How to decide what university course is right for you | Parkes Champion-Post

How to decide what university course is right for you | Parkes Champion-Post

Many of us get stuck in decision paralysis, especially when considering the financial investment of committing to college. Photo Shutterstock

Choosing a college degree that’s right for you can be overwhelmingly difficult with all the choices modern students are given. While a select few have a vocation for something specific from childhood, many of us are left with only a vague idea of ​​what sectors we are interested in.

Apart from deciding which course students want to study, they are also bombarded with degree-type options. Are they looking for the bachelor’s degree? Do they intend to go on to a master’s degree in the future? Would a diploma or certificate be a better entry point?

It’s inevitable that many of us are stuck in decision paralysis, especially when we consider the financial investment of committing to college.

All this confusion leads many to the question, how do I decide which university course is right for me?


Before getting into specifics, it’s easy to assume that choosing what type of degree you want is as simple as arts, science, or business, but any time spent scrolling through college brochures can make the number of choices seem overwhelming.

But these brochures can actually be incredibly useful. If you take some time to overcome the intimidatingly large lists you find, it is very helpful to reduce them to degrees that interest you. You may even discover that there are more specific courses for what you want to pursue than you knew.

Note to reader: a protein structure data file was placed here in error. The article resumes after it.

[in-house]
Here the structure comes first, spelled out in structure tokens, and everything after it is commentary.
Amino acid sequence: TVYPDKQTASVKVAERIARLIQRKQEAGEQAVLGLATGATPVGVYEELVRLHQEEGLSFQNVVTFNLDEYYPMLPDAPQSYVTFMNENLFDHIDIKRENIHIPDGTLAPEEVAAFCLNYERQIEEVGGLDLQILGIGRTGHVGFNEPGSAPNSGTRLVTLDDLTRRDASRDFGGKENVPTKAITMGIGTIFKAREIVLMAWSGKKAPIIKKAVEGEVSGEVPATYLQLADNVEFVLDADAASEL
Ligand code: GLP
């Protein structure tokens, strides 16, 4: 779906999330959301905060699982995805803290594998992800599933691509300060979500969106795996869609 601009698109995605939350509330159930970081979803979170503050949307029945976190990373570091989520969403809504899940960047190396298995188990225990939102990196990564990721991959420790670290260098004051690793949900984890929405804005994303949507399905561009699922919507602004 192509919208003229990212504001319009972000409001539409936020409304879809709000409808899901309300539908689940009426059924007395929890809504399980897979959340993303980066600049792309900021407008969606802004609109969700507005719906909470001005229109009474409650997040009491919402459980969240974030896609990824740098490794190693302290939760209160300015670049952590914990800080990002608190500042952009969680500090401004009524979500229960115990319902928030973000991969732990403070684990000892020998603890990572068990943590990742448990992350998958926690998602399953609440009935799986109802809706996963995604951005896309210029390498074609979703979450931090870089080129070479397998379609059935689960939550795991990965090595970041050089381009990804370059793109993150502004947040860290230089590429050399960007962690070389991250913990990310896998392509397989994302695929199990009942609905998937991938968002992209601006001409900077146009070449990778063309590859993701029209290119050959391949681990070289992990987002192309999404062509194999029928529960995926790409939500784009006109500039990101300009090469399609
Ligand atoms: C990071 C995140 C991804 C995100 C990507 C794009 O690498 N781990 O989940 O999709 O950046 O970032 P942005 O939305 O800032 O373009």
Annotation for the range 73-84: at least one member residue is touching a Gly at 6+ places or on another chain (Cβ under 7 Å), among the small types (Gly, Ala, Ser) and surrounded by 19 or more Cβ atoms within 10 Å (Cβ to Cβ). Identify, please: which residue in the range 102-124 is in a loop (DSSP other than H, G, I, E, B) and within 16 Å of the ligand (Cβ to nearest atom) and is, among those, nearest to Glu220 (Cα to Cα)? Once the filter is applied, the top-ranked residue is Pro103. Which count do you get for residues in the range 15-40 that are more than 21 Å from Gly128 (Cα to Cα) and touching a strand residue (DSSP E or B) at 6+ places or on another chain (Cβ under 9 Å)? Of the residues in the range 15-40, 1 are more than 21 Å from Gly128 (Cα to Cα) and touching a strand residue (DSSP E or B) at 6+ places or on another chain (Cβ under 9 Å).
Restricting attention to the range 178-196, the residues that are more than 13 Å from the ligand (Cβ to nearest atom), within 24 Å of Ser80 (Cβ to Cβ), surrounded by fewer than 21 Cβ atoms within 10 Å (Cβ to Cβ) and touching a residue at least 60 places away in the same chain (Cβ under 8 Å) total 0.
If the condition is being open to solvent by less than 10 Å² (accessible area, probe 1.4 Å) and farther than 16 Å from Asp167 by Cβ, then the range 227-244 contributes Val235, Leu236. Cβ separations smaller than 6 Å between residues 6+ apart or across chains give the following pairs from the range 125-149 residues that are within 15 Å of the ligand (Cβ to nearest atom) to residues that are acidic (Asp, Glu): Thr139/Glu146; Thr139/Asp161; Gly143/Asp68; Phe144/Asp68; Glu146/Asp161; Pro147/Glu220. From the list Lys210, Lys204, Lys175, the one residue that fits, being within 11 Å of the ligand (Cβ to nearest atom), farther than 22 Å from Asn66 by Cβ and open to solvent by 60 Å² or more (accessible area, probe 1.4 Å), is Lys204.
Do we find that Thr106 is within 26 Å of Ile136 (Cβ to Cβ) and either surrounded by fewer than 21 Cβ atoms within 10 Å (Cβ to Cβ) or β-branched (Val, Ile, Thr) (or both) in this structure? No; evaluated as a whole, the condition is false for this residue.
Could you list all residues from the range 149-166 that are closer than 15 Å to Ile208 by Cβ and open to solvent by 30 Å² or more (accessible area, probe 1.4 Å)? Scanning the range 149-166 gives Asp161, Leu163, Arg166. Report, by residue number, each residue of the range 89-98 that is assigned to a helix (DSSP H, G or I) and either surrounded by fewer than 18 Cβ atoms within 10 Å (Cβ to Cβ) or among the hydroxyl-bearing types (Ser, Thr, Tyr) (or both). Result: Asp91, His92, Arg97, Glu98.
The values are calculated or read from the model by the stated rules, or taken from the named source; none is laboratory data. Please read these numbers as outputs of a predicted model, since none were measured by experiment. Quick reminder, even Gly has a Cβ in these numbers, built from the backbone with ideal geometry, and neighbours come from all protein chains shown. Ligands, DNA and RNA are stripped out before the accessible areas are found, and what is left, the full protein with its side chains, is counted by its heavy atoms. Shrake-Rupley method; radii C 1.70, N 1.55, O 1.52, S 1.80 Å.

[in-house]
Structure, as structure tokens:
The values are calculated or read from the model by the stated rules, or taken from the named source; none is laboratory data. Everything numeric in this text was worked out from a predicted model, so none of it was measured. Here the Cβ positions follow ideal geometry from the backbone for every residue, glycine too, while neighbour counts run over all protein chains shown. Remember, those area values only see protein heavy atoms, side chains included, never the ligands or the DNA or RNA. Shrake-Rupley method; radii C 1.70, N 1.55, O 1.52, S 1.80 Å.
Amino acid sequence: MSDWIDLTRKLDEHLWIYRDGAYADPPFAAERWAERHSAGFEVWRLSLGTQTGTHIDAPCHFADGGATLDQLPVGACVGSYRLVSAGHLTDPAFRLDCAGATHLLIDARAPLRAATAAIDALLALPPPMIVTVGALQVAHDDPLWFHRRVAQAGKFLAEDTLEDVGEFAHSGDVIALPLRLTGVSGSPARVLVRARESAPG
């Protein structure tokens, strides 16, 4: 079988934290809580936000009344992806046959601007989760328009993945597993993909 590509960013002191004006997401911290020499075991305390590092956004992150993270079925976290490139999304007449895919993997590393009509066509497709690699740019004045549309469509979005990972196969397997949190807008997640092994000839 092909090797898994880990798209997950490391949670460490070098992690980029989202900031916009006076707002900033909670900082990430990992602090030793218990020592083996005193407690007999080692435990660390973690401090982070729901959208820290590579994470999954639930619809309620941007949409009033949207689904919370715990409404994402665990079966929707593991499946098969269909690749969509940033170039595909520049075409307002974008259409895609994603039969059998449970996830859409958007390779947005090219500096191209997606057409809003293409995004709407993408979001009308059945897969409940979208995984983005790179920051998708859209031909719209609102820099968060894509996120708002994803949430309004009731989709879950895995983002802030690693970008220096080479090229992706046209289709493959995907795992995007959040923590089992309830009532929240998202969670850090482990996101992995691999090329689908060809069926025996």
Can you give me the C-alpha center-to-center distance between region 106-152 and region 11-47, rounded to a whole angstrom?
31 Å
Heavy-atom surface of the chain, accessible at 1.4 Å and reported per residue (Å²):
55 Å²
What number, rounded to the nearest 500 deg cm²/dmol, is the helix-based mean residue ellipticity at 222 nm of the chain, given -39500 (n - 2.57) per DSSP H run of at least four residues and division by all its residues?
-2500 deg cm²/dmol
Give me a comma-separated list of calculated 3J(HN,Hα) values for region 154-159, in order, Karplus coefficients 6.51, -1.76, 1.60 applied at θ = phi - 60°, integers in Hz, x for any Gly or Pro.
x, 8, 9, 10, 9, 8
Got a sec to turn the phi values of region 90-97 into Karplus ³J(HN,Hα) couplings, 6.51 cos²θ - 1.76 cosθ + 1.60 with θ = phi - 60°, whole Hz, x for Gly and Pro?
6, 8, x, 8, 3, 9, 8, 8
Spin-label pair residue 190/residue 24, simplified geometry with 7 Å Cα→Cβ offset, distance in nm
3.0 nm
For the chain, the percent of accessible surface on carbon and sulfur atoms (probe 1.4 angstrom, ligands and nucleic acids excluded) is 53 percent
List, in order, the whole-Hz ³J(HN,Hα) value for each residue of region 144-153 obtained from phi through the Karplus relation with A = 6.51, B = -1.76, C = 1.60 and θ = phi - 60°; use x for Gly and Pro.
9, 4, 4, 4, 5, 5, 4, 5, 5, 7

Generally, the sectors will be divided into Arts, Sciences, Health, Education, Engineering, Law, Criminology and Information Technology. But within these categories there are overlaps and different institutions will divide them slightly differently.

For those still unsure, blanket degrees such as a Bachelor of Arts or Science can be a fantastic option, most of the time there will be leeway when it comes to choosing your major and minors, sometimes even choosing to change it later if something catches your eye.

If you’re sure what sector you’re interested in, there’s some merit in just jumping in and taking the classes that appeal to you. After all, the point of education is to teach us what we don’t already know.


Time is becoming a major consideration that people are interested in pursuing. Of course, course length has always been a consideration, with bachelor’s degrees usually taking around 4 years to achieve, Masters around 2 years on top and doctorates again 5-7 years.

Of course, the longer courses reward you with more knowledge, but also in many cases make you all the more desirable in the job market. Just as a bachelor’s degree will stand out in a pile of applicants without degrees, a master’s degree will stand out in a pack of bachelor’s degrees.

Masters and PhDs also tend to be much more tailored to students, which is why courses vary in length. Most expect students studying these degrees to work while studying so accommodations are made.

But modern life demands a lot of our time, work is fast paced and especially for mature students who may have children to look after, or more established work commitments, consideration should be given to how flexible you need your course to be.